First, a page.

The Limitations of a Home Inspection

by –  by Nick Gromicko and Kenton Shepard 


The Home Inspection Defined   A general home inspection is a visual inspection for system and  major accessible component defects and safety issues. The inspection is  not technically exhaustive. A “general home inspection” and a “home  inspection” are the same thing.   A home inspection is designed to reflect, as accurately as  possible, the visible condition of the home at the time of the  inspection. Conditions at a home for sale can change radically in only a  day or two, so a home inspection is not meant to guarantee what  condition a home will be in when the transaction closes. It’s not  uncommon for conditions to change between the time of the inspection and  the closing date.

Above:  an overloaded outlet with no cover

It’s a Visual Inspection

A “visual” inspection means that a home inspection report is limited  to describing conditions in those parts of a home that an inspector can  see during the inspection. Obviously, parts of the home that are  permanently hidden by wall, ceiling and floor coverings are excluded,  but so are parts of the home that were inaccessible during the  inspection for some other reason. Some reasons might include lack of an  access point, such as a door or hatch, or a locked access point, or  because an occupant’s belongings blocked access, or because of dangerous  or unsanitary conditions.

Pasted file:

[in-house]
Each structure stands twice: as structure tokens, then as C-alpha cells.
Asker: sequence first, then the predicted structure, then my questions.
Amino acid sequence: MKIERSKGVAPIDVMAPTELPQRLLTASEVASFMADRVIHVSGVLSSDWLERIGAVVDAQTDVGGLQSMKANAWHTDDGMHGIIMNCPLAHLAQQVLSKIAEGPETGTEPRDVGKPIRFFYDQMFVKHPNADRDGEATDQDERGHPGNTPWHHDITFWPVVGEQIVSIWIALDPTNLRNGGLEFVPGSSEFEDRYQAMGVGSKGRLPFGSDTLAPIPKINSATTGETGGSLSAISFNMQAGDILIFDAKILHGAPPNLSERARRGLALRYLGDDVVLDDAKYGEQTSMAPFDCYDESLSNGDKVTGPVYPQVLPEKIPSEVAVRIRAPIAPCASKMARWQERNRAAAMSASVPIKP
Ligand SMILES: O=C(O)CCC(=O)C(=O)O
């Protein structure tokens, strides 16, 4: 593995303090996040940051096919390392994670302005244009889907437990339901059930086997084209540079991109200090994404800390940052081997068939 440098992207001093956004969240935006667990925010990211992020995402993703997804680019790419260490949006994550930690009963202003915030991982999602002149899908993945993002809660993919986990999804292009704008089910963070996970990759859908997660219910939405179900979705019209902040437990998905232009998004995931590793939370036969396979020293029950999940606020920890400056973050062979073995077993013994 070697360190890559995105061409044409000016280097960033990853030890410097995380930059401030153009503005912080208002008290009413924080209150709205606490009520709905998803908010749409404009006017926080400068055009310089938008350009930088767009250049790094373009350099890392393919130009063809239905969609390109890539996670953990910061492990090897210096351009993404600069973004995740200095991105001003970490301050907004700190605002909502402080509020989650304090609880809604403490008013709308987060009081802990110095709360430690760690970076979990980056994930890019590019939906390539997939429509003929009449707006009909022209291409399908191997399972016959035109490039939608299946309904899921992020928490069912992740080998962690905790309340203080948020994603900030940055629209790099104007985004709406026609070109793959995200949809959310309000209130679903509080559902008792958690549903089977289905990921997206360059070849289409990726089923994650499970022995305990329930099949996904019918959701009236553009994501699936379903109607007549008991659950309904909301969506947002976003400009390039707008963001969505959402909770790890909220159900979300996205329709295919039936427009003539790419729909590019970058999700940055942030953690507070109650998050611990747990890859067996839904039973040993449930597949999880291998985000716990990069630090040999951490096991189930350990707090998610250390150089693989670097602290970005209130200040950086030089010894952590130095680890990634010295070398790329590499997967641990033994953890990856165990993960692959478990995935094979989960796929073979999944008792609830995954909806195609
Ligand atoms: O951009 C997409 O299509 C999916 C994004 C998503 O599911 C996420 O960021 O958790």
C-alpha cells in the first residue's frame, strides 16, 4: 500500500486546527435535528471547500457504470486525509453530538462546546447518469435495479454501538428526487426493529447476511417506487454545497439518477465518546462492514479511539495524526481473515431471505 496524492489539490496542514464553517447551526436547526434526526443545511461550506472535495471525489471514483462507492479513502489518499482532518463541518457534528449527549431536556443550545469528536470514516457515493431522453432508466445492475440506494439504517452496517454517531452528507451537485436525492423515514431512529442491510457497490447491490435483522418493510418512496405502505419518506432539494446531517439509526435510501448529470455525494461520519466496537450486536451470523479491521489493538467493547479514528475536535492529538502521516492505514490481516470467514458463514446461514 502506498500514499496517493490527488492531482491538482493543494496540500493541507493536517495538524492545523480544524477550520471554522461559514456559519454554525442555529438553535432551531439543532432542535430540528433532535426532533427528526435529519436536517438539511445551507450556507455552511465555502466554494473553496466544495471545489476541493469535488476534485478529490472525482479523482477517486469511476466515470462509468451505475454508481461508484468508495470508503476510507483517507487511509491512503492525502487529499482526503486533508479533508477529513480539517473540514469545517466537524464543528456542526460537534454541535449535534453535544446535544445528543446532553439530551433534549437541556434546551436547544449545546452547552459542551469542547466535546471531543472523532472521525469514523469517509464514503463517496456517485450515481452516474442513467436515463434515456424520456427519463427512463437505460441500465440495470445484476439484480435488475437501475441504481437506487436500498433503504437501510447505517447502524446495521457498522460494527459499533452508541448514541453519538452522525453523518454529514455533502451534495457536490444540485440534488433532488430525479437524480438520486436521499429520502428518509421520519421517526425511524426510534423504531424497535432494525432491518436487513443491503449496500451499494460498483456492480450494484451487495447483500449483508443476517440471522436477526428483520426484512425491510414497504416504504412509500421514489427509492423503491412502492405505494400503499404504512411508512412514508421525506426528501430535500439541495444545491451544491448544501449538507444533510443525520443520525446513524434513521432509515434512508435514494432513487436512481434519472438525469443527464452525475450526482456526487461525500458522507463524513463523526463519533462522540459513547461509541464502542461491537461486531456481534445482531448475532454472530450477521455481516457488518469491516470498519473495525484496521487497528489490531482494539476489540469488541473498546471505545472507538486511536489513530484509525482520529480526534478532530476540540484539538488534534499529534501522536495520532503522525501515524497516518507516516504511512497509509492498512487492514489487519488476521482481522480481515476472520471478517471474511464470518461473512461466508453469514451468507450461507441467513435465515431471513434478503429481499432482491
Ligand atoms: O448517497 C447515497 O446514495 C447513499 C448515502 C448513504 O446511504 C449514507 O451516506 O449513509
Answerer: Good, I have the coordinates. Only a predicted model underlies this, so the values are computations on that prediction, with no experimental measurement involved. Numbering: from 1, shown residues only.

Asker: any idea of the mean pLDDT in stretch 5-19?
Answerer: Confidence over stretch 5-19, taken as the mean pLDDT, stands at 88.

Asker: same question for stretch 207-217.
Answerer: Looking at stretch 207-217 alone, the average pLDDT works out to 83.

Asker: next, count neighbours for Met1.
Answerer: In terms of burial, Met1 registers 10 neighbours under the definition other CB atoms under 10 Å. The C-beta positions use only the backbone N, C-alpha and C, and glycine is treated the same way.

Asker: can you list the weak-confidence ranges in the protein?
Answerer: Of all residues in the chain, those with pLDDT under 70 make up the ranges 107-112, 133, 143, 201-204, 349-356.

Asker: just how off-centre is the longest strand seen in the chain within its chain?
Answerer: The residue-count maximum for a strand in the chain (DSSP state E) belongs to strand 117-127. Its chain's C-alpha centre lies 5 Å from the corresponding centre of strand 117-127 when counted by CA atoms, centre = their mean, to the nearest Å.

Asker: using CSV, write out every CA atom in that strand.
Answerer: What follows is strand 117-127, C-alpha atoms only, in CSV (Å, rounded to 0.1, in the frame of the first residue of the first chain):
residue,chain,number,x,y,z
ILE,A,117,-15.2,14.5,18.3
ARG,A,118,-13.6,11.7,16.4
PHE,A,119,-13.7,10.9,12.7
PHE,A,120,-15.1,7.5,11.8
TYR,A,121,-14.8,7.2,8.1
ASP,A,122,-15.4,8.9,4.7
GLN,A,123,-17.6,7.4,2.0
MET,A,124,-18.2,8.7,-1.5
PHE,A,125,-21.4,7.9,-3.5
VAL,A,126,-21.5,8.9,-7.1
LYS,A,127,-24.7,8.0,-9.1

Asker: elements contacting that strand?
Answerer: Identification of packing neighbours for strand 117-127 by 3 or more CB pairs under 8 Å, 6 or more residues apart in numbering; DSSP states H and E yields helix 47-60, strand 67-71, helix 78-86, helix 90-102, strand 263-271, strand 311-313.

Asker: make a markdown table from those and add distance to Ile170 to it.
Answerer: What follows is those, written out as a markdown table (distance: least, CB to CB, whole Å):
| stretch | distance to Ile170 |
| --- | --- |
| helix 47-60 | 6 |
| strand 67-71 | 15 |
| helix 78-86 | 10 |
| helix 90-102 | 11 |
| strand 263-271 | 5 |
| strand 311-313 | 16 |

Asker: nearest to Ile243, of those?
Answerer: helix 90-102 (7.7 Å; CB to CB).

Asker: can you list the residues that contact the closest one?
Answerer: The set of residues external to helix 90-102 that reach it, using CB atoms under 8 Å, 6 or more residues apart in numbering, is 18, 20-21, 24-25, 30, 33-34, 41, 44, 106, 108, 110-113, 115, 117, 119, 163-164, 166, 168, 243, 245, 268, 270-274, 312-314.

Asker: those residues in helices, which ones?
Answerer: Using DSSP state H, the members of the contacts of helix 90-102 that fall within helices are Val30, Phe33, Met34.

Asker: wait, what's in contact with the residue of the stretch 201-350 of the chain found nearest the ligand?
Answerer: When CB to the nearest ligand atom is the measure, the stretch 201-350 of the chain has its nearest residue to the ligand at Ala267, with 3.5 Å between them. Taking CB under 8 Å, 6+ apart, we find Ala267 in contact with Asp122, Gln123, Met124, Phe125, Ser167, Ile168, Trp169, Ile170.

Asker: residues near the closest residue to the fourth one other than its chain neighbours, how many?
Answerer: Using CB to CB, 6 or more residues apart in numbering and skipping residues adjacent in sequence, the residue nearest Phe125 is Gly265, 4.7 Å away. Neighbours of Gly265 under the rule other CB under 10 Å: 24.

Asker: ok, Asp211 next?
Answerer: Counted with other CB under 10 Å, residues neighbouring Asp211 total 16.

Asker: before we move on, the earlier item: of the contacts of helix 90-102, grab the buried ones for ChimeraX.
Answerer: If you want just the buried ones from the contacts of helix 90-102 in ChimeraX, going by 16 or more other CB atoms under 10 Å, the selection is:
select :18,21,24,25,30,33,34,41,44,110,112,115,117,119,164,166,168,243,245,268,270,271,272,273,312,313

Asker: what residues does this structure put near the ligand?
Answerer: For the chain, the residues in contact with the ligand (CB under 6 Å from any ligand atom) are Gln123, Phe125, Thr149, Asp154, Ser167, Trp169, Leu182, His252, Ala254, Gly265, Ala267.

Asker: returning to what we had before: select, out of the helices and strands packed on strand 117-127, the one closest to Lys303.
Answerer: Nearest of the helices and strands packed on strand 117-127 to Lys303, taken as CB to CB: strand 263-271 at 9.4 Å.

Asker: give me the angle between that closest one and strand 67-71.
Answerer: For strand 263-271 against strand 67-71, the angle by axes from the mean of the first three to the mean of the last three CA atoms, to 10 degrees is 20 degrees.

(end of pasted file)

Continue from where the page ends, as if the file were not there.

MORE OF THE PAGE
There can be many more reasons. The point is that if an inspector  can’t see a portion of the home, the inspector can’t assume  responsibility for ensuring that a safe and proper condition exists or  that systems are operating properly in that hidden space.


Safety can be a matter of perception. Some conditions, such  as exposed electrical wiring, are obviously unsafe. Other  conditions, such as the presence of mold, aren’t as clear-cut.

In the example of the possible existence of mold, it’s difficult to  accurately call it out during a general home inspection because  mold sometimes grows in places where it can’t be readily seen, such as  inside walls, making its discovery beyond the scope of the inspection.   Also, the dangers to human health are from the inhalation of spores from  indoor air.

Most people with healthy immune systems have little or no problem  with inhaling spores. A few people whose immune systems are compromised  by lung disease, asthma or allergies can develop serious or even fatal  fungal infections from mold spore levels that wouldn’t affect most  people. Every home has mold and mold colonies can grow very quickly,  given the right conditions. Mold can be a safety concern, but it often  isn’t. The dangers represented by mold are a controversial subject.  Other potential safety issues also fall into this category.

Above:  the cutting torch and gutter system of roof drainage management

System Defects   Although the majority of the inspection is visual, the InterNACHI  Standards of Practice do require inspectors to operate space and water  heating equipment, and air-conditioning equipment, if it can be done  without damaging the equipment.